Don’t keep company with extravagant people


This may be hard to do if it involves overhauling your entire social circle. But it’s obvious. If you spend much of your free time carousing around bars and expensive restaurants with friends who don’t think twice about burning through hundreds of dollars in an evening then you will also become like the fool and her money – soon to be parted.

Cultivate cheap habits

Empty pocket

Another no-brainer I guess, but then what are cheap habits? Here are some obvious ones:

  • Repairing shoes and clothes rather than throwing them out
  • Preparing only the amount of food required for a meal
  • Buy raw ingredients and make your own food rather than premade meals, it’s also healthier
  • Avoid eating out
  • Cancel subscriptions you can do without
  • Switch lights off and heating and AC off when you are not using them
  • In winter turn the heating down and put more layers on
  • In summer turn the AC down and take more layers off

Exercise the 30-day rule

30-day rule

The 30-day rule says if you see something expensive that you want to buy, stop, turn around, leave the store. Come back 30 days later. If you still think it is a good idea and you can afford it, then you may purchase it.

Live in a less expensive neighborhood


There have been some very interesting research done on this subject. This is often referred to as the neighborhood effect and it works in many ways.

Most research and articles focus on the impoverishing effects of living in a poor neighborhood even if you grew up in a wealthy household. But social cohesion works in all directions.

If you live in a neighborhood with a lot of people who live beyond their means then statistically your chances of living within your means are reduced. It has been found that your neighborhood often determines the wealth a family is able to accumulate over the years.

Keeping up with the Joneses can either mean you feel deprived if you can’t vacation in the Caribbean every summer or if you are content making a low-cost camping trip.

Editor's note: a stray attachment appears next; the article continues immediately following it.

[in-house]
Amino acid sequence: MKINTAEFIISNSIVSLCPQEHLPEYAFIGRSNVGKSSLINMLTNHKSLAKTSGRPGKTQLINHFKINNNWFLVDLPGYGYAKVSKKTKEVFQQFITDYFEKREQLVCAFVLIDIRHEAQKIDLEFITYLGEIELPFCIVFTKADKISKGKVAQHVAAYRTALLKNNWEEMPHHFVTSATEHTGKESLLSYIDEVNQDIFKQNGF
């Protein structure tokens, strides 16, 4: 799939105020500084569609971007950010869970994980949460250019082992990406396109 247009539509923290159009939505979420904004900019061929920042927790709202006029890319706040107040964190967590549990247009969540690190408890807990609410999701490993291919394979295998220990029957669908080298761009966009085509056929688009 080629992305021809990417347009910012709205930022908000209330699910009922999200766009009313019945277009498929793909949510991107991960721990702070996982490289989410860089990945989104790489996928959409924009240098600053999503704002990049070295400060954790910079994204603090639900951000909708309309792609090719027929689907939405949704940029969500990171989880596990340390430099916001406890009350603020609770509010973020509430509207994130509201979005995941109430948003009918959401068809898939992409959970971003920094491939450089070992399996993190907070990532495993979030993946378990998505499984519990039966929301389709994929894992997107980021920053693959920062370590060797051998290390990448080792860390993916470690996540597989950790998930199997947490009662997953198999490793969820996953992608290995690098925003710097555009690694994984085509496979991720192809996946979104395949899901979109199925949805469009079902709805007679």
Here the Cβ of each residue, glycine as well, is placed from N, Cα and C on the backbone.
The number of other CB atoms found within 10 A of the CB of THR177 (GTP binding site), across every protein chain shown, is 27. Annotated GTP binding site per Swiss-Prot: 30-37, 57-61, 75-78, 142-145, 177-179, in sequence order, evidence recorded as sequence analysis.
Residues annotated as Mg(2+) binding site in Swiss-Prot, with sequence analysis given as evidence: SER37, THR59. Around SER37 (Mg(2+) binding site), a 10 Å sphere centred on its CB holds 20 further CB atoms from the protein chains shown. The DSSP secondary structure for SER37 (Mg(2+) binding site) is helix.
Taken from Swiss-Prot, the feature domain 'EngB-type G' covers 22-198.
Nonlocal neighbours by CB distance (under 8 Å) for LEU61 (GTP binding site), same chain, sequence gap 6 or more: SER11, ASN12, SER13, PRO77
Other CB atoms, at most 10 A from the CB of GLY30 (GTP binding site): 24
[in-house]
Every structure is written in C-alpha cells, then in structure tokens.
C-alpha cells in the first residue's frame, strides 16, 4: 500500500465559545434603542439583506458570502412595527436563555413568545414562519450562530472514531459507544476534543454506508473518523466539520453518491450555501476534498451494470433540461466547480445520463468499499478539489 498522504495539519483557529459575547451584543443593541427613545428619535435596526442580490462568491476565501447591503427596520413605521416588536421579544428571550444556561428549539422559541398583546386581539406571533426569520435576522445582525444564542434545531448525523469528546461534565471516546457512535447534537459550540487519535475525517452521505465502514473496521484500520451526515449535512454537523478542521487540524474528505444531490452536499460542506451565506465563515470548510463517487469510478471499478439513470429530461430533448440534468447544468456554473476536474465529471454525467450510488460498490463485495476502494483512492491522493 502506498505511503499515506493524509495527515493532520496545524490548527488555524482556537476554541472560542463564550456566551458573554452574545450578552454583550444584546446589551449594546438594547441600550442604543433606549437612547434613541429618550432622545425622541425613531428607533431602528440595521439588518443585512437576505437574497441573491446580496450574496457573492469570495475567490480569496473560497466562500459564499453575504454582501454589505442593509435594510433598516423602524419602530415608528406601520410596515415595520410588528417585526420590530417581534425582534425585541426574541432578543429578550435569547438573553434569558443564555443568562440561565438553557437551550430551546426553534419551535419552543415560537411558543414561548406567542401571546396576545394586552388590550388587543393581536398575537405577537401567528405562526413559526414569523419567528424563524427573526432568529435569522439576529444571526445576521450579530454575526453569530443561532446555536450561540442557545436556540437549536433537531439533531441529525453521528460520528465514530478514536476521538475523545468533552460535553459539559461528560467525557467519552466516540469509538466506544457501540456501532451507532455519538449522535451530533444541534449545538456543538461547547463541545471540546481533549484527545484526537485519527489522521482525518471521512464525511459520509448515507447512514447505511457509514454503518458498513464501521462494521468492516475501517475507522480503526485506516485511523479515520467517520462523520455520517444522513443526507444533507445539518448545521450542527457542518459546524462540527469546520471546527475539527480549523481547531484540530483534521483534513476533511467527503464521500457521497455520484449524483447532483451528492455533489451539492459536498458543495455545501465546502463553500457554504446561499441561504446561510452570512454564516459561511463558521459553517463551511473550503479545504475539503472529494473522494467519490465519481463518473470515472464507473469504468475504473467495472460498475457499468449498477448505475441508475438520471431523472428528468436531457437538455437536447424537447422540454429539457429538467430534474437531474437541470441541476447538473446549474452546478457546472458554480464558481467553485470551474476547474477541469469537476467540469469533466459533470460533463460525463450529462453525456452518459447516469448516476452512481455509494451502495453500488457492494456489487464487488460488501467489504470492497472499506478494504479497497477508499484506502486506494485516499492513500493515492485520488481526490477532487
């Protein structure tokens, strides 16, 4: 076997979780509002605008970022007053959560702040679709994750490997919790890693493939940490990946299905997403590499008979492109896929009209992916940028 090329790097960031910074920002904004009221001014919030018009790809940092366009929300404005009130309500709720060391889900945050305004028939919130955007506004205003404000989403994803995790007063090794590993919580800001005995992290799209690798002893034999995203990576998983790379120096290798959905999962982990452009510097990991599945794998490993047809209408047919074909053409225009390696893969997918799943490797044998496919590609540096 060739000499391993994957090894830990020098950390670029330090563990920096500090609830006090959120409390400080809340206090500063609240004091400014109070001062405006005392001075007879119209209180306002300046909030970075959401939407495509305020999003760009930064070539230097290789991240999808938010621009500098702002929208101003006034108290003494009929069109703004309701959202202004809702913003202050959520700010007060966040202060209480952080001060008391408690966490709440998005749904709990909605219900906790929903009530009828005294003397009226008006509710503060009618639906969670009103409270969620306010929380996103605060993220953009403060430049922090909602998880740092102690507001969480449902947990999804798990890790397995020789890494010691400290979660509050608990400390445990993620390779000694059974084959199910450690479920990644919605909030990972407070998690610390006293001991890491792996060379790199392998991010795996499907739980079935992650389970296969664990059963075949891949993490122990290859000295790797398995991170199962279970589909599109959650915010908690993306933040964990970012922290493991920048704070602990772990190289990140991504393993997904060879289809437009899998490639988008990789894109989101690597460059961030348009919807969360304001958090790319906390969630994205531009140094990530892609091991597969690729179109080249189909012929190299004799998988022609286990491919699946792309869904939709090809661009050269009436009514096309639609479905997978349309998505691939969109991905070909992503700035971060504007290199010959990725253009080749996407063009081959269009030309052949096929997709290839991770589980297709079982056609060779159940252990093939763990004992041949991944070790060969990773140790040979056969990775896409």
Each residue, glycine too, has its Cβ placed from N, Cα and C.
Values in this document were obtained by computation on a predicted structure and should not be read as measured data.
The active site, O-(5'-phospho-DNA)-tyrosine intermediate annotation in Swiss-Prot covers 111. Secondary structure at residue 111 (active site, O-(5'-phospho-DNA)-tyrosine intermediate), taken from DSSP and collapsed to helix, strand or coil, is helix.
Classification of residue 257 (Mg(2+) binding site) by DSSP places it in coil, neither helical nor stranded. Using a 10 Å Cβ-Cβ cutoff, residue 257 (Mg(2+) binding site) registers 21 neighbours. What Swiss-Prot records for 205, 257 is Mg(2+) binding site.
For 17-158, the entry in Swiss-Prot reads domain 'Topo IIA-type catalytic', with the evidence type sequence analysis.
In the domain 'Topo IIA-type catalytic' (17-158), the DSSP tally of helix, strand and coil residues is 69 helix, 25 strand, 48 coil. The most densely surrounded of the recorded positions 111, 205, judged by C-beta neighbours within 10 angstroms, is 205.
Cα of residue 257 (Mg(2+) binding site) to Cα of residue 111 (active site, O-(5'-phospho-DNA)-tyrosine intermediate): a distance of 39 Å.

Buy used stuff

Thrift shop

Even though I have a Kindle and occasionally will buy books on my Kindle I still prefer to read what I call a real book. But rather than buy new I can often get as new at a much lower cost. In case you were wondering, my reading is far too disorganized to make decent use of the public library.

Sell your old stuff

Yard sale

This is another one I have to admit I have been lamentably poor at actually doing. Our basement has rows of stuff waiting to be sold either on eBay or at the yard sale we keep promising ourselves we will be holding.

Our excuse now is the pandemic. I’m sure that in the future we all like to believe in when we have all been vaccinated, or at least those of us who want to get vaccinated have been, then all the flea markets and yard sales will start up again.

Grow your own food

Growing vegetable

Even if you live in an apartment and don’t have any outside space you can grow food in window boxes. There are many possibilities.

Save constantly


This is simplicity itself. This was something my grandfather instilled in us when I was very young. If ever we got any sum of money, for Christmas or a birthday, actually those were the only times of the year when we did get money, the motto was – spend half and save half!

The thing to be doing is siphoning money off from your cash account into a savings account or better into an investment account. You should set this up as an automatic feature with your bank.

Start investing as soon as you start earning – if not sooner

Market prices

The easiest and often one of the best ways to start is with each paycheck to buy regular amounts of indexed ETFs.

This article explains how to assess which approach to investing is right for you. If in doubt, just start with a basic brokerage account and make regular monthly purchases of indexed ETFs.

This article from Bankrate explains how much you should be saving for retirement, depending on your age now.

The US Consumer Financial Protection Bureau has some excellent advice on saving money.

Questions and answers

Q. What are fun ways to save money?

A. Save every $5 bill. I tried this is coins and then found it was a pain finding anywhere to change them for bills. Be creative,

  • hold a cheapskate potluck evening in with friends,
  • have a “no-spend” week or month,
  • seek out free activities,
  • fine yourself every time you indulge in an unnecessary expensive habit
  • adopt paid pastimes, like dog-walking, part-time grocery or food deliveries.

Q. How much should I save every month?

A. Following the 50:30:20 rule, you should be saving 20% of your income to build a nest egg for retirement. This can include contributions to an employer 401k and any IRA’s you may have.

Q. What is the most effective way to save money?

A. That depends on your circumstances. For most people in the USA today, the most effective way to save money would be to pay off their credit card debt.

Single-page summary